For example, one older case found that risperidone use caused panic in one HPPD patient, while another study found that the use of risperidone taken with sertraline was effective for another patient after six months of treatment.

It is also important to note that several drugs were tried and found to be ineffective in the treatment of HPPD, including benzodiazepines.

A close up of an eye with a hazel colored iris

They served to exacerbate symptoms rather than relieve them.

WHAT IS THE TIMELINE FOR RECOVERY?

Because there is no single treatment protocol proven to be effective in the treatment of HPPD, it is important for people who are struggling with the disorder to be patient and try different methods under the direction of an experienced medical professional.

It is essential that those living with pseudo flashbacks stay committed to treatment. Suicide has been noted in patients who do not receive an accurate diagnosis and comprehensive treatment early in the process.

It is important to:

  •  Be aware of the symptoms.
  •  Immediately seek help.
  •  Continue with treatment until a positive solution is found.

Long-term recovery from HPPD means taking medications that can ease the experience of pseudo flashbacks and engaging in a lifestyle plan that supports mental health and wellness.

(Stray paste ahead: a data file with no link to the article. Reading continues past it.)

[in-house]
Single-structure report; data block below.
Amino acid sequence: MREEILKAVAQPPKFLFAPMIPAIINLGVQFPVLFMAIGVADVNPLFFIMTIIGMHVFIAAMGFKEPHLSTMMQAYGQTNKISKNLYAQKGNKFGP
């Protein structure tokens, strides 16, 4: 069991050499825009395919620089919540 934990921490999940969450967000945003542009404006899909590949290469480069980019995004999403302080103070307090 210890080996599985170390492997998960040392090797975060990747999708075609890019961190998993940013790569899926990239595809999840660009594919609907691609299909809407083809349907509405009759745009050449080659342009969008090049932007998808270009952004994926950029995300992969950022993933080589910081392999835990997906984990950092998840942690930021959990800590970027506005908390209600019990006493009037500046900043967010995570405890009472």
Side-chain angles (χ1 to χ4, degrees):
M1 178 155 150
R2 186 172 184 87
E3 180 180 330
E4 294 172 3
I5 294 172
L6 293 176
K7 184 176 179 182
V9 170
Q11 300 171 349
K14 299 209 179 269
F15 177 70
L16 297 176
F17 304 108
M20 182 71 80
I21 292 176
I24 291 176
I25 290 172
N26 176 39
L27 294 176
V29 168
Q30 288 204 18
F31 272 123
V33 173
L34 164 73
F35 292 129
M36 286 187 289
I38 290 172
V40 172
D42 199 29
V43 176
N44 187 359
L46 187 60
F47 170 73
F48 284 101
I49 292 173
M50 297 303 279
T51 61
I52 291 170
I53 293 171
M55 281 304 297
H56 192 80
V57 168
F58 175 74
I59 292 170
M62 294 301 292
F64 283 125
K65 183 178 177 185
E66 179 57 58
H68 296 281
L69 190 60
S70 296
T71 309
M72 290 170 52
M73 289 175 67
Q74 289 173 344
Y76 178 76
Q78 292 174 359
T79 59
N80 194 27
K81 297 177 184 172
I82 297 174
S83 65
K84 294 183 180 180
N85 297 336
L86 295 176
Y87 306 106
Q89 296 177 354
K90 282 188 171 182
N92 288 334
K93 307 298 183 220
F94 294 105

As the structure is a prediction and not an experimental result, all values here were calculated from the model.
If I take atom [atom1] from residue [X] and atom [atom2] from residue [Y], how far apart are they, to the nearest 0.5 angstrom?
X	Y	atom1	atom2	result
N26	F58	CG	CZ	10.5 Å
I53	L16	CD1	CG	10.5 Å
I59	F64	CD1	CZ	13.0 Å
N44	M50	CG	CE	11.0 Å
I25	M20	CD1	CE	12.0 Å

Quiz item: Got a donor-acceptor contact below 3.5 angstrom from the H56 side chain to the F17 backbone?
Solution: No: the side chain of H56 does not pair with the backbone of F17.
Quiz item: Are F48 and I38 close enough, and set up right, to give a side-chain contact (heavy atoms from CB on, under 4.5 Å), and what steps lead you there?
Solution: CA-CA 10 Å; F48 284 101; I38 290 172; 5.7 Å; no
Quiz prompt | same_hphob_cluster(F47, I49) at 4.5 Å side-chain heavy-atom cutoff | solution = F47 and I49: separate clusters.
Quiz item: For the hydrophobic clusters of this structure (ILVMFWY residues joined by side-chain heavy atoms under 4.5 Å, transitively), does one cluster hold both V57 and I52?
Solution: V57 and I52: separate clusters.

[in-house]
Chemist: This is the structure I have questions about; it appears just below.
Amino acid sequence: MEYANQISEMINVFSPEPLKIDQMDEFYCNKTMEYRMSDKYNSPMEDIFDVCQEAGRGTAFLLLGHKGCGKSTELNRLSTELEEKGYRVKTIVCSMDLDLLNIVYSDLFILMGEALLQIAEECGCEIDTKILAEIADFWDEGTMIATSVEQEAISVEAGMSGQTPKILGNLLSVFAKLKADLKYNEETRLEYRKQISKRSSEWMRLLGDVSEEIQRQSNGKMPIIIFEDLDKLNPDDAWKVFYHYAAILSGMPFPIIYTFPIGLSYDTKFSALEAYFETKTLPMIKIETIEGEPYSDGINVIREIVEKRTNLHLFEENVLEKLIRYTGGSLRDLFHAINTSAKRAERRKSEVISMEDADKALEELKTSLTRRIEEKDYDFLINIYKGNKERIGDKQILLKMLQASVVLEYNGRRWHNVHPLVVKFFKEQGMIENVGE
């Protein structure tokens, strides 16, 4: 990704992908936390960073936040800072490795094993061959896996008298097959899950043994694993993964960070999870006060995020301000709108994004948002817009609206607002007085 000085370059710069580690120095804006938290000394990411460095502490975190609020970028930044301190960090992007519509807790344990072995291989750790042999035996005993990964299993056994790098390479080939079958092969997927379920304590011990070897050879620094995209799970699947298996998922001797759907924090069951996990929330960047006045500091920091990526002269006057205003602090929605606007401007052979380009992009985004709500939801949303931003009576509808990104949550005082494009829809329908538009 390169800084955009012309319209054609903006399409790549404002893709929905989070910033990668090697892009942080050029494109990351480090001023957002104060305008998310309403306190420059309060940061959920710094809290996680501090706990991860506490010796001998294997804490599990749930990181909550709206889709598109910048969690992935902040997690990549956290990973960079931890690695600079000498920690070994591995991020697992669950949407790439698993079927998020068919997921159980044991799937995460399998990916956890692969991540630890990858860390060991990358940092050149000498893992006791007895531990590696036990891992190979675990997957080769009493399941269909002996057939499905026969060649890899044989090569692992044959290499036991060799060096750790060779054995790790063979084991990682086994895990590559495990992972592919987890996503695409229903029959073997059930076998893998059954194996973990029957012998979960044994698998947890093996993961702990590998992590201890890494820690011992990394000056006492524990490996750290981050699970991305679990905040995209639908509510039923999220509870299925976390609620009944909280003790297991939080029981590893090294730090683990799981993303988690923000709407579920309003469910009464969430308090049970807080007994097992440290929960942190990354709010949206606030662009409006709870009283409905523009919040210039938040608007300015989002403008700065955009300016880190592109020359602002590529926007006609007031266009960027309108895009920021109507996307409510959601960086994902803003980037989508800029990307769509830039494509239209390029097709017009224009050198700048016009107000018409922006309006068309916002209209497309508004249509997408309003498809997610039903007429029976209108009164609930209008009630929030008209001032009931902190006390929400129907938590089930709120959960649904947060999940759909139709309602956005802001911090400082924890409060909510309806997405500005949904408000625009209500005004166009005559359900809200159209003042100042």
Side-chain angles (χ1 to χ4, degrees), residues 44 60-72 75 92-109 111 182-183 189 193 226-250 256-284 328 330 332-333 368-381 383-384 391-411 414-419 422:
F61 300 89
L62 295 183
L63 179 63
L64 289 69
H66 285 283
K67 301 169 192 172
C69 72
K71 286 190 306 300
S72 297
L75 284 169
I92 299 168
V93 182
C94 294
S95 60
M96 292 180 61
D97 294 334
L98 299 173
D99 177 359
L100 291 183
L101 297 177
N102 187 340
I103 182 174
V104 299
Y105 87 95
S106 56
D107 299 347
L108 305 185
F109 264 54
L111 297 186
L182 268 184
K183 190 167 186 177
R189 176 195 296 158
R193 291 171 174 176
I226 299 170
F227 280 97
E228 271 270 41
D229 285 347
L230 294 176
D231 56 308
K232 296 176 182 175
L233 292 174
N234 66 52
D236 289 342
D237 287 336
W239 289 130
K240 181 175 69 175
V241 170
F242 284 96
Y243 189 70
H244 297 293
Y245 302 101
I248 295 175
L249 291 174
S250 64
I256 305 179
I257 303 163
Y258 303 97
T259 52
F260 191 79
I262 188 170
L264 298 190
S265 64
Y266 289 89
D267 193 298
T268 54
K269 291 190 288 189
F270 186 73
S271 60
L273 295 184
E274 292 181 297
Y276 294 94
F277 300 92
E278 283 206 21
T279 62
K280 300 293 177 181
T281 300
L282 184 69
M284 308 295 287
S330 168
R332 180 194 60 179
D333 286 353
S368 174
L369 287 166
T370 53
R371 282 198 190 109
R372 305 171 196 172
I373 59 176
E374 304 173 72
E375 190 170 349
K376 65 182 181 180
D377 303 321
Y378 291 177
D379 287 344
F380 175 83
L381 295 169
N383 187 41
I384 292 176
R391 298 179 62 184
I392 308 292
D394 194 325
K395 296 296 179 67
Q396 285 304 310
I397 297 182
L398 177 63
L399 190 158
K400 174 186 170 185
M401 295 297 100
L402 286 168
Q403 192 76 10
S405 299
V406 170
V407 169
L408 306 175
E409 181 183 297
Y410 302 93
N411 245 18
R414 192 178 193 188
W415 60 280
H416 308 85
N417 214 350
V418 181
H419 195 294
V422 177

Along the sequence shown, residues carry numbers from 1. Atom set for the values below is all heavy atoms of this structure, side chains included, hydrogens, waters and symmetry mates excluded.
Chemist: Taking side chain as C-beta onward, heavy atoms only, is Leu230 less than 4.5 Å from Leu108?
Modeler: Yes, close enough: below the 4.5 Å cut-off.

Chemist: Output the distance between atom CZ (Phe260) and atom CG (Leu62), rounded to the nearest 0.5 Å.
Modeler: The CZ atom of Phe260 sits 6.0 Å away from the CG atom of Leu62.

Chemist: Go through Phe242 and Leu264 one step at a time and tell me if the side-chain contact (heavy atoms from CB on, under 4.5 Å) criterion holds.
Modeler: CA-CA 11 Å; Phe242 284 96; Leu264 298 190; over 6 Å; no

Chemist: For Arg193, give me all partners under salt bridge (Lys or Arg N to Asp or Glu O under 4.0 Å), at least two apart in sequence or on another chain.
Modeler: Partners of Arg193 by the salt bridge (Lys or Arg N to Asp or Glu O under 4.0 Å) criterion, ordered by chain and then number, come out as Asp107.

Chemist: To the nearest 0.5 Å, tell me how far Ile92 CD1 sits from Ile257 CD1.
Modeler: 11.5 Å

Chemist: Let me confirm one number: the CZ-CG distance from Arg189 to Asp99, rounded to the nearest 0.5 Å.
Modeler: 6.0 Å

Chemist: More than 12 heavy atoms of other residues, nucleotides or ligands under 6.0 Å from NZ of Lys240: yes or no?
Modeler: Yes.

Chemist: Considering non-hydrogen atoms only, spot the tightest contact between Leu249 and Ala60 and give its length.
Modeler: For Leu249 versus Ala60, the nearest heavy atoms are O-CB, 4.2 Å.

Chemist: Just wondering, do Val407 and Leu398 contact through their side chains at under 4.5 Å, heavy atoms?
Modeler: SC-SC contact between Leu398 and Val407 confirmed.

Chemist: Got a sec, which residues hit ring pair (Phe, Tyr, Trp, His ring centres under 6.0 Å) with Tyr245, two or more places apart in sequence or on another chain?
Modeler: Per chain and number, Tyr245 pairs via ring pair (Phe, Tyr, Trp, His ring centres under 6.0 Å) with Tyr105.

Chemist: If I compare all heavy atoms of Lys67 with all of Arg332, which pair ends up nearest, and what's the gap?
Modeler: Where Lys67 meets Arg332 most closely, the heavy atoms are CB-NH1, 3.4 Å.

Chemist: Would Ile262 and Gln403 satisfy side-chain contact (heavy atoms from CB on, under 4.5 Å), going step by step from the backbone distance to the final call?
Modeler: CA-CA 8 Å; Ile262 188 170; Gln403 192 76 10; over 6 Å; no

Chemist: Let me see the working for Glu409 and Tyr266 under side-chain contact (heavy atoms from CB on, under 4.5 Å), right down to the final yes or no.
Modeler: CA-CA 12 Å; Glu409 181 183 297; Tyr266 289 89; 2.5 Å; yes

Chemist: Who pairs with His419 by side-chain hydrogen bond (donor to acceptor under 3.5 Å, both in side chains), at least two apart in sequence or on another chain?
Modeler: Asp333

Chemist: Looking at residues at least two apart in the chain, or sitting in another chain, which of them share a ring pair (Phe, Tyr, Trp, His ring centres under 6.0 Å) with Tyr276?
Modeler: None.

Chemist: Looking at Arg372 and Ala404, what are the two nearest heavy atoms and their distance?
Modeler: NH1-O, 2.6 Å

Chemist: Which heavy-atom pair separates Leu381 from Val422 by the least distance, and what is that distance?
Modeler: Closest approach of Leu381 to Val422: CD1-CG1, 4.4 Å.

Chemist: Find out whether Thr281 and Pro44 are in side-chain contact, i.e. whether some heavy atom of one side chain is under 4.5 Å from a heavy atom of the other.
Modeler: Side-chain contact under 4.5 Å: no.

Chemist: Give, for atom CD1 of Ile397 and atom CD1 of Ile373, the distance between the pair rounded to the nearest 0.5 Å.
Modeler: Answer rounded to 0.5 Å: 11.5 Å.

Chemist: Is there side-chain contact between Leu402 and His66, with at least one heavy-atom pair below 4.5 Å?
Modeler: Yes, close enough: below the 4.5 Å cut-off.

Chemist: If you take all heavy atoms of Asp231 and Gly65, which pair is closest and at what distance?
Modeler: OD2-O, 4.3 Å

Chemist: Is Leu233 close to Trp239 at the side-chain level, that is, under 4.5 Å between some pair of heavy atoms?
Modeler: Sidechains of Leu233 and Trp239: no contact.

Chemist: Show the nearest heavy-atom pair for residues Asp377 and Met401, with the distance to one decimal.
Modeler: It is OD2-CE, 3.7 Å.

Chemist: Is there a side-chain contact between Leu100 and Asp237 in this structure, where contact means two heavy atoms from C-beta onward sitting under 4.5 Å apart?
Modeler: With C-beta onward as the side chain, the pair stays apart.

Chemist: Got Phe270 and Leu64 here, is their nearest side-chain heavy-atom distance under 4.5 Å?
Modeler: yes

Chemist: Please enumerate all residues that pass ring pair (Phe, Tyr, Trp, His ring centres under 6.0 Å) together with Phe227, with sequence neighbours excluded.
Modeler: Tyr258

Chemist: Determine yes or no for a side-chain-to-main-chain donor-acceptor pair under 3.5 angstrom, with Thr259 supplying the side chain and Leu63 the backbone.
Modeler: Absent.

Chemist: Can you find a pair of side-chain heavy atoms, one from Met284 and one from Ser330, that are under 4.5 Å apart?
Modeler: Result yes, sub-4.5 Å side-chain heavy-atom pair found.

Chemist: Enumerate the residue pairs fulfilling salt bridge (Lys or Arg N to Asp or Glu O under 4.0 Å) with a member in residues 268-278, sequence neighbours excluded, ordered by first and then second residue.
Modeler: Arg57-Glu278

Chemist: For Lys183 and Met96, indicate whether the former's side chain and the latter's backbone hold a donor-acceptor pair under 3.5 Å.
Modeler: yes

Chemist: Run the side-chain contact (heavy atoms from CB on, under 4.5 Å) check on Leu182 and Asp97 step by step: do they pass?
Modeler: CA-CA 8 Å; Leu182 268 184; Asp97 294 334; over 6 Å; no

For this reason, treatment for HPPD often begins with care for a substance use disorder if the use of any mind-altering substance is frequent. In this case, HPPD may be identified as a disorder that co-occurs with addiction, requiring people to find a drug rehab program that allows them to take advantage of a combination of the following:

  • Medical detox support to manage withdrawal symptoms that arise emotionally, mentally, and physically
  • Therapeutic support that is traditional as well as experiential to allow for growth and healing on multiple levels
  • Peer support that is found in the creation of a therapeutic community